Yesterday was the last day of the regular 60-day legislative session. As a member of the Senate Ways & Means Committee, I can assure you that we worked fiercely in the last 60 days to hammer out a budget by yesterday’s midnight deadline. By the end of last week, it became apparent that we might need another week to reconcile the current differences between the revenue and spending plans proposed by the Senate and House. After we officially ended the regular legislative session last night, the Governor issued a proclamation convening the Legislature for a special session beginning on Monday, March 15 at noon.
Each special session can last no longer than 30 days, and the Governor’s proclamation states that she’s calling us back for seven days. She proclaimed that the special session is necessary for two reasons:
1) Work remains to be done with respect to biennial operating and capital budgets and bills necessary to implement those budgets;
2) Work remains to be done with respect to job creation and economic development.
While we would all much rather return home to our constituents, family, friends and dogs, it makes sense that we are staying in Olympia for another week to deal with the budget effects of the greatest economic crisis since the Great Depression, an almost 10% unemployment rate, and the largest revenue shortfall in state history. We want to do what is right for the people of Washington, and the prudent thing to do is take a little more time to reach a consensus. We do not believe the public wants us to rush to make bad decisions.
Still, each day of a special session costs the state about $18,300, so we’re under considerable pressure from ourselves and our constituents to get the job done as quickly as possible.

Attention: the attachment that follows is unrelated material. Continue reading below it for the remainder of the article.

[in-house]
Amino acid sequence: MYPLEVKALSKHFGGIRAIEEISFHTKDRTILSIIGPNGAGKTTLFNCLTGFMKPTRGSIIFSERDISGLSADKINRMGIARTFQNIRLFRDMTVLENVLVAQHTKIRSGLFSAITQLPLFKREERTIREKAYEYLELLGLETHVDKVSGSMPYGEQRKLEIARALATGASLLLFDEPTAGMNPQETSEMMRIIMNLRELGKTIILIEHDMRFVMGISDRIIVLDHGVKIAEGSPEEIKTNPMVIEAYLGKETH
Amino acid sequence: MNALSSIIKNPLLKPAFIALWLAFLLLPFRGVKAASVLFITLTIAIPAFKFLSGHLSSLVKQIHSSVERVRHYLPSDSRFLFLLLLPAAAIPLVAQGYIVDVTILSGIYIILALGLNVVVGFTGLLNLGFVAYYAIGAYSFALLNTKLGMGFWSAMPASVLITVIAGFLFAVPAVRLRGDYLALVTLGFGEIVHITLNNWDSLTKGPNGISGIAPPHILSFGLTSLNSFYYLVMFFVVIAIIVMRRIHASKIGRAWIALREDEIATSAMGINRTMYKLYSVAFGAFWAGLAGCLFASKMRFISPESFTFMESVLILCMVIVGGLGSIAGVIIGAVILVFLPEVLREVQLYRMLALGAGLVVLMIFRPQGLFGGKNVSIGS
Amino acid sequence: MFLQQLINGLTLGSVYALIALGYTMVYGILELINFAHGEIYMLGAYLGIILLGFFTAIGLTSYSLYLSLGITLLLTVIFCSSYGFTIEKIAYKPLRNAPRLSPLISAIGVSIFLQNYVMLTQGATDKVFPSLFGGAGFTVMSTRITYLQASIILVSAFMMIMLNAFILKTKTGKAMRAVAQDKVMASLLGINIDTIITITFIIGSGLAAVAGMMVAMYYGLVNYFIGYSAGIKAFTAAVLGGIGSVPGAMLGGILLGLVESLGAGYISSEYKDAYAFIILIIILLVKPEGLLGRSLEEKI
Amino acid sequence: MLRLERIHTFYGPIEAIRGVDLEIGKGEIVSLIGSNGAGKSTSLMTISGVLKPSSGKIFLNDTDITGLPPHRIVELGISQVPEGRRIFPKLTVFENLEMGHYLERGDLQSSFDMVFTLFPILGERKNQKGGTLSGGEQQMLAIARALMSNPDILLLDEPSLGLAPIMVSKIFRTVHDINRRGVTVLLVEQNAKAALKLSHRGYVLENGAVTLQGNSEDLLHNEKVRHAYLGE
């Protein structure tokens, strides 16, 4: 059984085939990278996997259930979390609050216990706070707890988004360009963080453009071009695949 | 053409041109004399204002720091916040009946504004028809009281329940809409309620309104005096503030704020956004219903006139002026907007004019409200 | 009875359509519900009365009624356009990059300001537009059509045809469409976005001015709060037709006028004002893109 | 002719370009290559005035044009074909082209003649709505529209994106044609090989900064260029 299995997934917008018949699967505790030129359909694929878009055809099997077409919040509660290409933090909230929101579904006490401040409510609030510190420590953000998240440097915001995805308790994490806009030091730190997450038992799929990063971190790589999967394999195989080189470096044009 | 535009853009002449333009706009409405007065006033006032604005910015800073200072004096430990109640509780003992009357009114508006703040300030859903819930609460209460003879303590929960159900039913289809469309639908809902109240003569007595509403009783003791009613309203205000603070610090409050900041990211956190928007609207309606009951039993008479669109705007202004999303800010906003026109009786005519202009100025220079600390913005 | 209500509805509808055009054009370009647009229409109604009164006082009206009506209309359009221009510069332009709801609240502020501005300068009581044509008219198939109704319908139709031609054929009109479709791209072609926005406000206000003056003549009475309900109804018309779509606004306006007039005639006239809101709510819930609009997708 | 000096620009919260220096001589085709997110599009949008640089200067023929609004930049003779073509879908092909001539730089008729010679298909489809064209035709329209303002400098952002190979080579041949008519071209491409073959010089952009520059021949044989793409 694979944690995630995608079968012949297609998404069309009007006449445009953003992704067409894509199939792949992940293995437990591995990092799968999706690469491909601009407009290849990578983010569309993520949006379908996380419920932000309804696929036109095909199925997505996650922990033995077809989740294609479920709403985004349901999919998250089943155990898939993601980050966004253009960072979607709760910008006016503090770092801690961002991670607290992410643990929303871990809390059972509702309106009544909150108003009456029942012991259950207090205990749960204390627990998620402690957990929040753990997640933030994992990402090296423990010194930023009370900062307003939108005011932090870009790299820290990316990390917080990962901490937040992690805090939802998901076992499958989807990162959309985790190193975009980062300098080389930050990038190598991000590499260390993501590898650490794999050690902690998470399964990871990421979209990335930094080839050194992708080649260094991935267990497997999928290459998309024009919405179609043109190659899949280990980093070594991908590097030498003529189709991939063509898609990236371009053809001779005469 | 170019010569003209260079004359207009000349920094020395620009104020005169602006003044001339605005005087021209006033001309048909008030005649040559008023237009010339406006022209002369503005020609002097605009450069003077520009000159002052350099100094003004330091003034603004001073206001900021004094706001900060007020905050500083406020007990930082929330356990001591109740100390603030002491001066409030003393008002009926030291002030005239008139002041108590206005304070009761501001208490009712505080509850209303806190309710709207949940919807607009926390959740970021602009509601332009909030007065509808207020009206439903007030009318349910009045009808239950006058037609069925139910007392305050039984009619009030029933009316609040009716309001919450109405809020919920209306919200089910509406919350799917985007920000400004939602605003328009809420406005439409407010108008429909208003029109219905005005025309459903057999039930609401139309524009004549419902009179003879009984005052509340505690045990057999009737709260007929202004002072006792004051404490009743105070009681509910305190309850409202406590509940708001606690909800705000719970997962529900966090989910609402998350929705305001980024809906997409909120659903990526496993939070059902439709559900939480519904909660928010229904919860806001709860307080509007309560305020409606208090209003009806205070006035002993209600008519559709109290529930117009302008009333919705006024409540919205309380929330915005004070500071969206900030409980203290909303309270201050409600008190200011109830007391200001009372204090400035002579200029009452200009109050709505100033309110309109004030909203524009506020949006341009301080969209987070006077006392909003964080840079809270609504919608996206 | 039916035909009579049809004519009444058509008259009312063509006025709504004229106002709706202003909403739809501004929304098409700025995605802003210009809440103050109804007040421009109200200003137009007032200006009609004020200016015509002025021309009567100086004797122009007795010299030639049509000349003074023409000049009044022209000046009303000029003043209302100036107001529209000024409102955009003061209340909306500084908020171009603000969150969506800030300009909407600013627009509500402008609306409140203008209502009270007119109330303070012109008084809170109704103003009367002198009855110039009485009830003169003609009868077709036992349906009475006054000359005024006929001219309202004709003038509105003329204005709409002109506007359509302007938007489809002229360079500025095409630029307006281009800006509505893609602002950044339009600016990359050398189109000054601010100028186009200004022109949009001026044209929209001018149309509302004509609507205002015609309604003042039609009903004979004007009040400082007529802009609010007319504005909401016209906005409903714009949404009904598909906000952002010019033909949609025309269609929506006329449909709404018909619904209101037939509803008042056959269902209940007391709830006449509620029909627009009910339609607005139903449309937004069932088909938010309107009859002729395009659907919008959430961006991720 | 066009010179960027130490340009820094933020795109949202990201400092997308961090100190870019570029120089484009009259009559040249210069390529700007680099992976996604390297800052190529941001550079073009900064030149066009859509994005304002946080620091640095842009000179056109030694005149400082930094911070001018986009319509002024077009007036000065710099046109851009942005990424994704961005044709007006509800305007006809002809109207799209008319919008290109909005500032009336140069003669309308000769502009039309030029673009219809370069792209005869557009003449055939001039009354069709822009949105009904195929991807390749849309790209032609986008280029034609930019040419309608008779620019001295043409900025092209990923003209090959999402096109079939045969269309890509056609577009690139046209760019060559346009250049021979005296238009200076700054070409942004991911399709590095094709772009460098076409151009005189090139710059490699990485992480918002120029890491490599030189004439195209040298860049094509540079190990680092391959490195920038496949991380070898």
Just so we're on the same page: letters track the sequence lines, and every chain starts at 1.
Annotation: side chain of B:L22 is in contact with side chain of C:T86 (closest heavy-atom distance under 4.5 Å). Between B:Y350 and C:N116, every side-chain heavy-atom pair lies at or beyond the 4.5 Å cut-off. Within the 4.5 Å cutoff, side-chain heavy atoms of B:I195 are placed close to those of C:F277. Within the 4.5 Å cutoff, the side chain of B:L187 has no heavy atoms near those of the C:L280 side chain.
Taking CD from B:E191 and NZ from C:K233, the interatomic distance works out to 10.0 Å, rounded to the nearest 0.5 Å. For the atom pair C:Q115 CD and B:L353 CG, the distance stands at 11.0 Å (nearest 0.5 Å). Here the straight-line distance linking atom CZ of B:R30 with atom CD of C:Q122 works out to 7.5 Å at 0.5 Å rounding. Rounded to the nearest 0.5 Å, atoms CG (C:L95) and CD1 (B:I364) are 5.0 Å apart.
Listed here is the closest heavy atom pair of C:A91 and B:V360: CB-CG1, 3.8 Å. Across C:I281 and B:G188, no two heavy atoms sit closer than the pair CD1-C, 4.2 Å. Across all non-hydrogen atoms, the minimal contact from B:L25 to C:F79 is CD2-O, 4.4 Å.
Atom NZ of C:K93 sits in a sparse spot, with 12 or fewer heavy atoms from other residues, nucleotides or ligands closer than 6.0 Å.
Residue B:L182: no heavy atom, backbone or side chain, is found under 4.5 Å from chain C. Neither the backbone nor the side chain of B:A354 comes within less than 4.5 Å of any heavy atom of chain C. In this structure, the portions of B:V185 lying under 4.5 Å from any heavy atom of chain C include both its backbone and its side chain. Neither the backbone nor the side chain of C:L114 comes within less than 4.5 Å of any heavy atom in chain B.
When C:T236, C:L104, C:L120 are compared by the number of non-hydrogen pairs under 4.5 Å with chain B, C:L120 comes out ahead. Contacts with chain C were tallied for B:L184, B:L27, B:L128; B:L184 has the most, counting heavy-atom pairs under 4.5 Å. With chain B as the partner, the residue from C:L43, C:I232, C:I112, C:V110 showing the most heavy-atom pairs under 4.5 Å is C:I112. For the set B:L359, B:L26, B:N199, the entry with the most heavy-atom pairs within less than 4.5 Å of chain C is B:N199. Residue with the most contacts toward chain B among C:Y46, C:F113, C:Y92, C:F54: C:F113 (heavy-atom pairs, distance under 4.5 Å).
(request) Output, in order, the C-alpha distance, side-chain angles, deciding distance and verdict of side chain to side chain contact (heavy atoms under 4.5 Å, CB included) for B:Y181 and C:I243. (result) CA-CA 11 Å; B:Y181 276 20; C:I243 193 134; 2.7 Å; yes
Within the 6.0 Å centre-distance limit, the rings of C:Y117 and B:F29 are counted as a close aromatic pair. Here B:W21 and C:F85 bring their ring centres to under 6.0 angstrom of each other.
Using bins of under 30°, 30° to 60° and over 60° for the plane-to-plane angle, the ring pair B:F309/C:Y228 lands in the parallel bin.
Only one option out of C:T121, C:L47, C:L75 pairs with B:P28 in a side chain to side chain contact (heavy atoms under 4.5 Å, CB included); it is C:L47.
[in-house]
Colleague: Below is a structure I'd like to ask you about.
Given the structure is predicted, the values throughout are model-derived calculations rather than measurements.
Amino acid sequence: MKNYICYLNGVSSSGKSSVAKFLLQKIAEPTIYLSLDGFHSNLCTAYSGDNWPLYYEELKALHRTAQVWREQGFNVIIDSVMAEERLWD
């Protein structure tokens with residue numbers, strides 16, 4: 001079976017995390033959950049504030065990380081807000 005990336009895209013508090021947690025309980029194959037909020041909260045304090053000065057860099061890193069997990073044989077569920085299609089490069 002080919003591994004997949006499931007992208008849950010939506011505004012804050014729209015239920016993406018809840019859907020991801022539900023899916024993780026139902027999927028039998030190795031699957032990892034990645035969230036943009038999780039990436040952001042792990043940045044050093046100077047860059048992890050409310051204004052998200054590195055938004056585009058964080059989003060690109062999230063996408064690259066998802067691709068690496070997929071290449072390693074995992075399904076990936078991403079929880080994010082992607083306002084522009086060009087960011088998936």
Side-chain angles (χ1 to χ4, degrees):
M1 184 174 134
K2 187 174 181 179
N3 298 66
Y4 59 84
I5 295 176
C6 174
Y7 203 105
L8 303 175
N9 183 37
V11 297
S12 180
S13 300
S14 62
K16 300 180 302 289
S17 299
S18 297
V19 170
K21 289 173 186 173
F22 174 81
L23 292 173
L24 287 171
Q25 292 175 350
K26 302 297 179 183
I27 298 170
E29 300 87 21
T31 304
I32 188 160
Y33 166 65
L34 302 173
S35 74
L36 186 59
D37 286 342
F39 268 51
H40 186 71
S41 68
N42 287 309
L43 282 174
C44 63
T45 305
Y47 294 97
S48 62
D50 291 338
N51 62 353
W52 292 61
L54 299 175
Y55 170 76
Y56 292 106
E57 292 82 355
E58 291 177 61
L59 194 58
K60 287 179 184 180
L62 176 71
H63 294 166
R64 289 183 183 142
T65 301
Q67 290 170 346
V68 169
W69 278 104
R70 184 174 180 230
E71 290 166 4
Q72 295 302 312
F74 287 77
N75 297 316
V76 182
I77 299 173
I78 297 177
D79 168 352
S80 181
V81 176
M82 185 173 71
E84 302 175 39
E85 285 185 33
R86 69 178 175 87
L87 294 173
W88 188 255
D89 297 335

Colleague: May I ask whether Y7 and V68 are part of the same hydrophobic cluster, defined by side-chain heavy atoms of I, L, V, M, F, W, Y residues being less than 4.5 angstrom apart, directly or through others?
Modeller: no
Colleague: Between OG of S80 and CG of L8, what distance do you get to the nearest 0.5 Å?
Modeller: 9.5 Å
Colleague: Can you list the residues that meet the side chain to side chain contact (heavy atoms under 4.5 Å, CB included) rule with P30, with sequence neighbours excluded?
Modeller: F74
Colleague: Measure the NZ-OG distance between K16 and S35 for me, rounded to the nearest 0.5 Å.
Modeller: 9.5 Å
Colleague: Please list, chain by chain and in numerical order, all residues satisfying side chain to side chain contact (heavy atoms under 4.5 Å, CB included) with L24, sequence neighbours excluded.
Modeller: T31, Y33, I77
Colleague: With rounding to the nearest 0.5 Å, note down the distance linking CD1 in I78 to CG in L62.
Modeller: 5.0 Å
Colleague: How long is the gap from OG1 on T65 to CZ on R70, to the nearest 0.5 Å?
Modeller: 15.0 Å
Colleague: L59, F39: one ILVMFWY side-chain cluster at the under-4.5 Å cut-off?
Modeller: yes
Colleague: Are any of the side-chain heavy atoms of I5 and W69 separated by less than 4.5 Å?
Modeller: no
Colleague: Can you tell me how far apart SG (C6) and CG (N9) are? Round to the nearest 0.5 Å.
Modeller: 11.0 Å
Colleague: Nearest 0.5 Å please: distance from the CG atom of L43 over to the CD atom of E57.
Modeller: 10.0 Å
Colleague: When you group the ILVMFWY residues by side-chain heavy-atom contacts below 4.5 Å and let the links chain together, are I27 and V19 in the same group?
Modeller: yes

It turns out that special sessions are not uncommon in Washington. According to data from the Secretary of State’s Office, since the state was founded in 1889, 61 special sessions have been held, including multiple special sessions. In 2001, when we were still reeling from the dot-com bust of 2000 and an economic recession, the Legislature was called back into session three times for a total of 58 days. Those special sessions were followed by three years of revenue shortfalls and tight budgets. Washington wasn’t alone. At the time, 36 other states struggled to fill budget shortfalls.
The most recent special session occurred in 2003 when lawmakers were called back three times for a total of 32 days. As a percentage of the total budget, our current revenue deficit is nearly three times larger than that of the 2003 fiscal crisis. It’s important to note that unlike in 2003, when 17 Senate bills and 16 House bills were introduced on various issues (operating budget, education, local government financing options, terrorism, etc.), this year’s special session will be much more tightly focused on finalizing the operation and capital budgets. I am confident that we’ll be able to complete our work in the next week.
Washington is not the only state forced to go into special session to resolve a budget crisis. Other states, including Nevada and Oregon went into special session in late February, and California held one in January to address critical budget problems.
Personally, I love Olympia, but I’m really looking forward to going home to Seattle, and will do my best to wrap things up quickly.